Happy Together (1997 film)

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Happy Together
Happy Together poster.jpg
Directed by Wong Kar-wai
Produced by Chan Ye-cheng
Written by Wong Kar-wai
Starring Tony Leung
Leslie Cheung
Chang Chen
Music by Danny Chung
Cinematography Christopher Doyle
Editing by William Chang
Ming Lam Wong
Distributed by Kino International
Release dates
  • 1997 (1997)
Running time 96 minutes
Country Hong Kong
Language Cantonese
Mandarin
Spanish
Box office HK$8,600,141 (HK)
$320,319 (US)[1]
Happy Together (1997 film)
Simplified Chinese 春光乍泄
Traditional Chinese 春光乍洩

Happy Together is a 1997 Hong Kong film directed by Wong Kar-wai, starring Leslie Cheung and Tony Leung Chiu-Wai, that depicts a turbulent romance between two men. The English title is inspired by The Turtles' 1967 song, which is covered by Danny Chung on the film's soundtrack; the Chinese title (previously used for Michelangelo Antonioni's Blowup) is an idiomatic expression suggesting "the exposure of something indecent."[2]

The film received positive reviews from several film festivals, including a win for Best Director at the 1997 Cannes Film Festival.[3]

Plot outline[edit]

Ho Po-Wing (Leslie Cheung) and Lai Yiu-fai (Tony Leung Chiu-Wai), a couple from pre-handover Hong Kong, visit Argentina hoping to renew their ailing relationship. The two have a pattern of abuse, followed by breakups and reconciliations. One of their goals in Argentina is to visit the Iguazu waterfalls, which serves as a leitmotif in the movie.

The movie unfolds in the following sections:

Part 1

As the two arrive into Argentina, they pick a car. During the ride, however, they get into an argument and break up. Lai (played by Tony Leung) is the more stable and committed of the two, and desires nothing more than a fairly normal life. He tries to deal with the break-up rationally and gets a job at a local nightclub. Ho (played by Leslie Cheung) has an extremely destructive personality and is not able to commit to a monogamous relationship. Ho seems to be motivated by both a need for attention as well as a need to simply hurt Lai. Ho picks up numerous other men, and even goes so far to bring them to the club that Lai works at. Lai tries very hard to lead a normal life at this point, but is nearly driven to the edge of insanity by Ho.

Part 2

One day Ho Po-Wing turns up severely beaten at Lai Yiu-fai's apartment, who takes him in and begins to take care of him. Ho's hands are injured so at this point, he relies on Lai for nearly everything. Initially, Lai works hard to keep Ho at bay physically and emotionally. However, in the end, they get back together. Their actions indicate a continual pattern of abuse, break-up, finally followed by reconciliation. As in the previous times, in the beginning Ho does try to make the relationship work, and the two seem genuinely happy. However, as Ho recovers, he begins again to pick up other men and ignore Lai. We see gradually the destructive side of Ho's personality taking over and the familiar cycle of mutual abuse and dependence starting again.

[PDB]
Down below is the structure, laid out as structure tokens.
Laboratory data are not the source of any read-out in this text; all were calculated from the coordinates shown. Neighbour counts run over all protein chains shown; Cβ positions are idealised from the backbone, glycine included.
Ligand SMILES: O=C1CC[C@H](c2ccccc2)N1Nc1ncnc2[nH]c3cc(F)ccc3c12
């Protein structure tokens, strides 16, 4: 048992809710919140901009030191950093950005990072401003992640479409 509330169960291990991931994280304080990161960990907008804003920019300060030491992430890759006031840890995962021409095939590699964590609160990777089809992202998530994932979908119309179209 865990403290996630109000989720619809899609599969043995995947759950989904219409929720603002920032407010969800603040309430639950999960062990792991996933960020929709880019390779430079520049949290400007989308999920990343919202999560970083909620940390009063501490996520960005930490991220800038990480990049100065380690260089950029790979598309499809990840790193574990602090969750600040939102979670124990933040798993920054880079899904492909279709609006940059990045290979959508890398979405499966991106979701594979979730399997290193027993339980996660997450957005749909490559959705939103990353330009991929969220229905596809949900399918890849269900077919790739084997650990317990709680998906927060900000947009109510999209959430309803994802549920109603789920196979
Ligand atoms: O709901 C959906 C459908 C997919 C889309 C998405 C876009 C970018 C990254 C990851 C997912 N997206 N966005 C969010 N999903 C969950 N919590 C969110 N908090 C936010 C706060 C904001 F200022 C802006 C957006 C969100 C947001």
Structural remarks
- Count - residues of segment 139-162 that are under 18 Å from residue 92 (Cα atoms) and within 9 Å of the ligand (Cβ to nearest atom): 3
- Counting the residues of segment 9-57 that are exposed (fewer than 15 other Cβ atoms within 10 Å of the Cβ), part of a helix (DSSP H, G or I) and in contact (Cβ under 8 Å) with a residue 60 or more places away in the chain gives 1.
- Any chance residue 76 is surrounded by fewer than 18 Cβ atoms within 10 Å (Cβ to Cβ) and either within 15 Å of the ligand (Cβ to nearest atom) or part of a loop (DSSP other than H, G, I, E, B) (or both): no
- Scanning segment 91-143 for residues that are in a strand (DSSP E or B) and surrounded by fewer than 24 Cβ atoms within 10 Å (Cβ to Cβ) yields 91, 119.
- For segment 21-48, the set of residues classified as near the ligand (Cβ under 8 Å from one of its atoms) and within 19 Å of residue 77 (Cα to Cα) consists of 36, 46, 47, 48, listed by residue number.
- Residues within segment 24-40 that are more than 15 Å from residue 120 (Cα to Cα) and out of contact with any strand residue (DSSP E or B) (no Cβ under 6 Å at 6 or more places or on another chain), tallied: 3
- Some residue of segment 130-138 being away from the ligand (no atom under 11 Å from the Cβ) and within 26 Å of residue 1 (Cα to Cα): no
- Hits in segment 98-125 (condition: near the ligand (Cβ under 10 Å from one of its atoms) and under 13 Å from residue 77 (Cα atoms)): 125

Part 3

As Lai and Ho's relationships starts falling apart again, Lai befriends Chang, a fellow Taiwanese from Taiwan at work. In some sense, Chang is Ho's opposite. Whereas Ho is manipulative and volatile, Chang is straightforward and stable. After Ho fully recovers, he resumes his playboy lifestyle and leaves Lai. Lai copes with the loss by spending more and more time with Chang. It is hinted that Chang is also gay and attracted to Lai; Chang states in a voiceover that he likes 'deep, low voices' and is seen rejecting advances from an attractive female coworker. Chang's unassuming self-awareness and sincerity help Lai out of his depression, contributing to his eventual realisation that his relationship with Ho Po-Wing is based on an ideal which no longer has any basis in reality. During one of their many conversations, Chang tells Lai that his goal is to reach the lowest point in South America. There is a lighthouse where supposedly all sorrows can be dropped. Eventually, Chang departs Buenos Aires and continues on this journey.

Part 4